Synopsis: A Single Man is the story of George, an English professor in suburban California left heartbroken after the death of his lover, Jim. With devastating clarity and humour, Christopher Isherwood shows George’s determination to carry on, evoking the unexpected pleasures of life as well as the soul’s ability to triumph over loneliness and alienation.
Title: A Single Man
Author: Christopher Isherwood
I was introduced to A Single Man through my book club; it is my favourite book so far and easily falls into the top 5 books read this year.
“A few times in my life I’ve had moments of absolute clarity. When for a few brief seconds the silence drowns out the noise and I can feel rather than think, and things seem so sharp and the world seems so fresh. It’s as though it had all just come into existence.
I can never make these moments last. I cling to them, but like everything, they fade. I have lived my life on these moments. They pull me back to the present, and I realize that everything is exactly the way it was meant to be.”
Considering it takes place in only a single 24 hour period, the story is surprisingly revelatory. It’s a rich portrayal of a man who has recently lost his lover in an accident and who isn’t truly able to grieve because not everyone knows he is gay.
“Think of two people, living together day after day, year after year, in this small space, standing elbow to elbow cooking at the same small stove, squeezing past each other on the narrow stairs, shaving in front of the same small bathroom mirror, constantly jogging, jostling, bumping against each other’s bodies by mistake or on purpose, sensually, aggressively, awkwardly, impatiently, in rage or in love – think what deep though invisible tracks they must leave, everywhere, behind them!”
This is an exquisitely written novel, depicting the dual-identity we have in our lives. There is the ‘public’ mask, who knows what to say and what to do to keep everything ticking along. But there is also the internal persona – the constant echo in our head – where we are so full of pain and anger that we sometimes forget who we were before.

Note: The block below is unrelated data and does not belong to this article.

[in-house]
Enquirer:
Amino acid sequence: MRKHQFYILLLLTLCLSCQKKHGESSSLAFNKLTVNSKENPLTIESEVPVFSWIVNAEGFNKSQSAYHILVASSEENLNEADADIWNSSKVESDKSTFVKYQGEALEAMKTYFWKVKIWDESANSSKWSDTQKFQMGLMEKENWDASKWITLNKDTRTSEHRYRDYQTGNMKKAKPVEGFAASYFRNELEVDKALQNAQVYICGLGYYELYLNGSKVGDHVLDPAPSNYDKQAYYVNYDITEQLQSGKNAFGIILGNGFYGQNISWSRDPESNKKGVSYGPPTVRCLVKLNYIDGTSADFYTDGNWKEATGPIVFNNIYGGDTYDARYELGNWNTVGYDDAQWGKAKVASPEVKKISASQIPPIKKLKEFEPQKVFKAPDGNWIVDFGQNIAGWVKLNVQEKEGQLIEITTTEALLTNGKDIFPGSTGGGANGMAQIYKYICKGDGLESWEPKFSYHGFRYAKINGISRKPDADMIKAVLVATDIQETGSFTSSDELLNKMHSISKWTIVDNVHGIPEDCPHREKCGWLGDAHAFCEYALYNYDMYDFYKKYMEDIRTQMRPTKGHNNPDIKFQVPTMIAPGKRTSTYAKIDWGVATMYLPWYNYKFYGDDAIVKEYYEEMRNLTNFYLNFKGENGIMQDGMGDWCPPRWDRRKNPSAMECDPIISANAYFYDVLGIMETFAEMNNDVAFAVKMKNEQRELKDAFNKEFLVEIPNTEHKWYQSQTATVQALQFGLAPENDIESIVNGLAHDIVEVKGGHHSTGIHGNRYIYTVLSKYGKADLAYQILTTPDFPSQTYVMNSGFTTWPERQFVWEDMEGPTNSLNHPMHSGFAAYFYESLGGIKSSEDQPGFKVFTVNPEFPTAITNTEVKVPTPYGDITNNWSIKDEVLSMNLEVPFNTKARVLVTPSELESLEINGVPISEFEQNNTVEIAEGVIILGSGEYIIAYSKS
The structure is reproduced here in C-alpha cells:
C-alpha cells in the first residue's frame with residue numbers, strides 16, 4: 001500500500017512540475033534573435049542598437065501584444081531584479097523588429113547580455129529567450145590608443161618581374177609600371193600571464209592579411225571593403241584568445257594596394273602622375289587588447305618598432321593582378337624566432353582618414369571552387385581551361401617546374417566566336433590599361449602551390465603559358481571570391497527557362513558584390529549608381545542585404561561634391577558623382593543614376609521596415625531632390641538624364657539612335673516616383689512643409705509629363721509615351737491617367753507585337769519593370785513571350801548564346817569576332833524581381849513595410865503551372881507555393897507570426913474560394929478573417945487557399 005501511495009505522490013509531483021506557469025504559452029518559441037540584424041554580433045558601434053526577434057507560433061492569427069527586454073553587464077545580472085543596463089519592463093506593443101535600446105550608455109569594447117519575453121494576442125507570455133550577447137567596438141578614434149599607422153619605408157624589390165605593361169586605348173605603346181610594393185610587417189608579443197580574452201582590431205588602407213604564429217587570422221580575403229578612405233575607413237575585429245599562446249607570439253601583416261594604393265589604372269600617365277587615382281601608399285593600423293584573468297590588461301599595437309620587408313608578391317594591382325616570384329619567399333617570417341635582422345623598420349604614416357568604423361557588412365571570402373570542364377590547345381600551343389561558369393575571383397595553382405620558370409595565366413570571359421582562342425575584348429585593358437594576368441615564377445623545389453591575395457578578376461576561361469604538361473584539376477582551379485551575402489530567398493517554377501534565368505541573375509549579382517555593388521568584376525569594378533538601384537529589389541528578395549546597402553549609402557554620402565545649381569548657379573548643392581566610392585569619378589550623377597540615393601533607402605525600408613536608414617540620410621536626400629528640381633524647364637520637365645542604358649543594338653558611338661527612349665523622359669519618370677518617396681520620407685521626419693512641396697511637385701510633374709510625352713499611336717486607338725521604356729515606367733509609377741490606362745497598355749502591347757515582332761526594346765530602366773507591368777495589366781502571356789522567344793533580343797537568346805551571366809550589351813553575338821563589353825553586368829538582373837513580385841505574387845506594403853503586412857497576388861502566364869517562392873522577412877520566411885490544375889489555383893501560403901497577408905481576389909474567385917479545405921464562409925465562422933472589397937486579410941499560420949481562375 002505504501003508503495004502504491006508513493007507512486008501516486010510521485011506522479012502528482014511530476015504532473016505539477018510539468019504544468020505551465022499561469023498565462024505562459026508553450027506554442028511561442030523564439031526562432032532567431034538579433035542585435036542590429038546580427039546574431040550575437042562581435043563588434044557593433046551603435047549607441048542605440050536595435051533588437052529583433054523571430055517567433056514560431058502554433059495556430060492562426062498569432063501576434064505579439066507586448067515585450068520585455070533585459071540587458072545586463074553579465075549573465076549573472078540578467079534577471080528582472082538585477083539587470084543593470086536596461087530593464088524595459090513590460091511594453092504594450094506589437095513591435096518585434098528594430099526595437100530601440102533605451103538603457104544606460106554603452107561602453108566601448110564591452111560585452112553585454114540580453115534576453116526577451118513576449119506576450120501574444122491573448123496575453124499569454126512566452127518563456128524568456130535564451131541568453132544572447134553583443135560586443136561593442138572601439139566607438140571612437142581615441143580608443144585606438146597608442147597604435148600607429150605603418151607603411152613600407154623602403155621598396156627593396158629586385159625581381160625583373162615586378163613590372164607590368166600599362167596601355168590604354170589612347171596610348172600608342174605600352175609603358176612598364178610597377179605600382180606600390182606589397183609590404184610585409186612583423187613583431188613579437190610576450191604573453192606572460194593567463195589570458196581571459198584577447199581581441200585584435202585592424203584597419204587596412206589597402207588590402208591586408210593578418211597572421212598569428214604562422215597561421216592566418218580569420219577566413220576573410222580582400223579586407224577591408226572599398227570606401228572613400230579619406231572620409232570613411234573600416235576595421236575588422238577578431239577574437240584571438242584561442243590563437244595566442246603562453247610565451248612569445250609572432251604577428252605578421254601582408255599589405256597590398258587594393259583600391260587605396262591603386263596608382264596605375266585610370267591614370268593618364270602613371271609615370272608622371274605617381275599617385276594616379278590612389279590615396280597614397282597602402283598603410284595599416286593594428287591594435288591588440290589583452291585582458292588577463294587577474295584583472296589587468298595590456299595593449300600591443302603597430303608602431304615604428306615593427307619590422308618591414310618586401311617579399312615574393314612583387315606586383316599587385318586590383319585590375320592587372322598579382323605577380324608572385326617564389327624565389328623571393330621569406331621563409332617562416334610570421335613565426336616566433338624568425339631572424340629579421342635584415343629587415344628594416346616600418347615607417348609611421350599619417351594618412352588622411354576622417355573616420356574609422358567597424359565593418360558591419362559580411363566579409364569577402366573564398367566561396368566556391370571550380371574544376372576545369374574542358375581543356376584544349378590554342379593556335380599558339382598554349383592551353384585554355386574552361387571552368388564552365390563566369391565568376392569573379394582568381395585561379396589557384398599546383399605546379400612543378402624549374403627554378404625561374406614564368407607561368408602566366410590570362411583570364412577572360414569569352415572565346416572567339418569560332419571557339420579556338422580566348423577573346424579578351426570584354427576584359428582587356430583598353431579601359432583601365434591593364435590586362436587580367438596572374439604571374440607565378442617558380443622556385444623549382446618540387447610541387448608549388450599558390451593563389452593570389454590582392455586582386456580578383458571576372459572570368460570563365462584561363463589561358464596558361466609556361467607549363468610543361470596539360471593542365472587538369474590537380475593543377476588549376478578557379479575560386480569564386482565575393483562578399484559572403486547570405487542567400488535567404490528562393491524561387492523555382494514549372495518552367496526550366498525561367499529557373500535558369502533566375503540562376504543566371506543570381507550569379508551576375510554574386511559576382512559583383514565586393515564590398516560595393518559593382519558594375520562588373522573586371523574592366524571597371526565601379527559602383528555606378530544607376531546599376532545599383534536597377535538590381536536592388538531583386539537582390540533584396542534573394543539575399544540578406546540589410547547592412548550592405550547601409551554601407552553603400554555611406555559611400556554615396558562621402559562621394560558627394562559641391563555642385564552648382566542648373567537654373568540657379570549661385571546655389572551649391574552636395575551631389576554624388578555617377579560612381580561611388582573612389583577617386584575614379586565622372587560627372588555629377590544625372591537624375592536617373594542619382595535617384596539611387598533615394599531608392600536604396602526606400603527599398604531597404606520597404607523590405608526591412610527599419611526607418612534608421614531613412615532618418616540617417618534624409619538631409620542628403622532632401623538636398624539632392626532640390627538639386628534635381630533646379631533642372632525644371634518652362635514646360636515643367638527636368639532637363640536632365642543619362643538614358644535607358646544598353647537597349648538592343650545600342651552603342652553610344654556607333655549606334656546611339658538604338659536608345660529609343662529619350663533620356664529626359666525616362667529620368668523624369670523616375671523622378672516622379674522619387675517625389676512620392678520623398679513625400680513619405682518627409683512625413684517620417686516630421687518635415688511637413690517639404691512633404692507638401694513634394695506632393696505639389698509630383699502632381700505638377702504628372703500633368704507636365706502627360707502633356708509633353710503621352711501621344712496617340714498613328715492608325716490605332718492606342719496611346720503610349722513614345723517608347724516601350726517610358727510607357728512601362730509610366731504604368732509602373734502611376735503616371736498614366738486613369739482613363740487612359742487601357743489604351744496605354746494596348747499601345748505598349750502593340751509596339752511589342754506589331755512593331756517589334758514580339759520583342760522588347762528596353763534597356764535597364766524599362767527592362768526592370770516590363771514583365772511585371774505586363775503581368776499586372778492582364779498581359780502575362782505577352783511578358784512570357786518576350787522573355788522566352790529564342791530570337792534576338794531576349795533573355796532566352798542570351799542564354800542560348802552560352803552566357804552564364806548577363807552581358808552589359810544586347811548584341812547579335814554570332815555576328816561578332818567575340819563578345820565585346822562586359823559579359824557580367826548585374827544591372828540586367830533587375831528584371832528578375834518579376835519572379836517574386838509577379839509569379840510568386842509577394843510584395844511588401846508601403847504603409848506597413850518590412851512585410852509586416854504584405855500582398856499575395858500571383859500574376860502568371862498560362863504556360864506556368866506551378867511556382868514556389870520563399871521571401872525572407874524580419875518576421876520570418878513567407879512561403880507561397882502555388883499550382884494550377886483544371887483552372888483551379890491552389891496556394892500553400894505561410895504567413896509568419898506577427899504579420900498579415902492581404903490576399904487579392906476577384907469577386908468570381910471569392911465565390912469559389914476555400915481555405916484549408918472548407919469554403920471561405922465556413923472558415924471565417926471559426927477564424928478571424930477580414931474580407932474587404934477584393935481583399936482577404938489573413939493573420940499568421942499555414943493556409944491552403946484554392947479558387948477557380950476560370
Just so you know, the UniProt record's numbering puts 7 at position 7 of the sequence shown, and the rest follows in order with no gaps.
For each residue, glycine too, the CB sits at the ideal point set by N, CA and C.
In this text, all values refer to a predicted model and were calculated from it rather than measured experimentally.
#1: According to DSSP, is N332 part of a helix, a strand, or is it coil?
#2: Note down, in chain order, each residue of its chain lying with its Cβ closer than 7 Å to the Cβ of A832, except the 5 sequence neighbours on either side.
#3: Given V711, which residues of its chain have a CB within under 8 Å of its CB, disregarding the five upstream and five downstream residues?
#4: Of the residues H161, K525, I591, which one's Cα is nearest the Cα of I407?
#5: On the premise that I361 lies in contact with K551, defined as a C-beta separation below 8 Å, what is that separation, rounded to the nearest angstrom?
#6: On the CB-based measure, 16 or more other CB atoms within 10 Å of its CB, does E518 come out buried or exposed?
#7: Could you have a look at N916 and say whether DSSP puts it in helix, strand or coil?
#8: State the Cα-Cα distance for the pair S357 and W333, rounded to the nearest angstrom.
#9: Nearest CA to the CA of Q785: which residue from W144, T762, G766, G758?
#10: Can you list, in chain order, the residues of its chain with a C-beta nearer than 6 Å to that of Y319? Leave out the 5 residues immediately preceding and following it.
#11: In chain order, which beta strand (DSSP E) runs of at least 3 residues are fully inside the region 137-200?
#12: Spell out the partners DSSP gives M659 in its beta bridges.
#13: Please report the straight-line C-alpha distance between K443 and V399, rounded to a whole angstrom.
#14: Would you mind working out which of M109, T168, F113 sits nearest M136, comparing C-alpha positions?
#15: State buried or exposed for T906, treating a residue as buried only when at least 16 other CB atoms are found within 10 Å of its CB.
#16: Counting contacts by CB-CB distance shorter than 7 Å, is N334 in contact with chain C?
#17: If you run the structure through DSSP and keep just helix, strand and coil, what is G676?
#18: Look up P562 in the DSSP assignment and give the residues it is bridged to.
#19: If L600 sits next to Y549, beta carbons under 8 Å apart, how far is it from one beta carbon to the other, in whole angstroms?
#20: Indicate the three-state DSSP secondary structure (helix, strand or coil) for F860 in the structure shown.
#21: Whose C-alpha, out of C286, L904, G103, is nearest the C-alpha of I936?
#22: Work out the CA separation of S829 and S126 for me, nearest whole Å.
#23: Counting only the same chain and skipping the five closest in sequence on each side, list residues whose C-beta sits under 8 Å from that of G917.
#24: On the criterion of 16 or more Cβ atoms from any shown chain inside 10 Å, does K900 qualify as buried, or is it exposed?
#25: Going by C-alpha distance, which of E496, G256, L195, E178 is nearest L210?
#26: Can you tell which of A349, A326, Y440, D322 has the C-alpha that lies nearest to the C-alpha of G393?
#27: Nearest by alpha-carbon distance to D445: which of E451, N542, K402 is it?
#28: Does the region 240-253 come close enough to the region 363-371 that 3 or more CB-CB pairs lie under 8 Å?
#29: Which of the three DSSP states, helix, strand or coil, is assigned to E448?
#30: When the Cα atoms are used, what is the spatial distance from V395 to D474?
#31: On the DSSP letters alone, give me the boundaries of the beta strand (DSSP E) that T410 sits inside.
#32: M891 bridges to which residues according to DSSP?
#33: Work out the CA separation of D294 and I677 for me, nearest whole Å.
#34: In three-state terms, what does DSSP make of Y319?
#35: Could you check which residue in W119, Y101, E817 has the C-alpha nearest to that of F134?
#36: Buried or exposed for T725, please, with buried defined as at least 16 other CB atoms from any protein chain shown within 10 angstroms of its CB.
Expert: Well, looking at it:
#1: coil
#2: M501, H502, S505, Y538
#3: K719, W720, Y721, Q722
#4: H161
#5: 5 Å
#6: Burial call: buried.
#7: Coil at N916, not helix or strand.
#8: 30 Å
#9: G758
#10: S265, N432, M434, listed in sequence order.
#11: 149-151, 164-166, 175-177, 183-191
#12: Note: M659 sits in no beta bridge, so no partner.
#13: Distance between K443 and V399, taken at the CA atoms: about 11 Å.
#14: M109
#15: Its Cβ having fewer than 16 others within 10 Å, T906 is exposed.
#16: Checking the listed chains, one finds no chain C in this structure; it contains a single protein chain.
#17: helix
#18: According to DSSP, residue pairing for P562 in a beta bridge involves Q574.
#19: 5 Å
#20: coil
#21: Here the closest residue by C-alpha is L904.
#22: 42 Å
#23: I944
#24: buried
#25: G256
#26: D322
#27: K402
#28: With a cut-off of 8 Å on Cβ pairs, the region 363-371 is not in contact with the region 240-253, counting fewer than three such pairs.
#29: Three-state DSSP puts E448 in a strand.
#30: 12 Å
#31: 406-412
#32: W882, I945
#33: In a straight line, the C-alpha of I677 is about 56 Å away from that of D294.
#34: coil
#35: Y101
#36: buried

“Staring and staring into the mirror, it sees many faces within its face – the face of the child, the boy, the young man, the not-so-young man – all present still, preserved like fossils on superimposed layers, and, like fossils, dead. Their message to this live dying creature is: Look at us – we have died – what is there to be afraid of?
It answers them: But that happened so gradually, so easily. I’m afraid of being rushed.”
A Single Man us poignant and humorous, honest and gentle; it will intrigue and fascinate you with its thoughtful, abstract prose. If you’re anything like me, it will make you cry by page 4. It has been firmly placed on my ‘to keep forever’ shelf and is something I would (and have already) recommend to absolutely everyone.
“George smiles to himself, with entire self-satisfaction. Yes, I am crazy, he thinks. That is my secret; my strength.”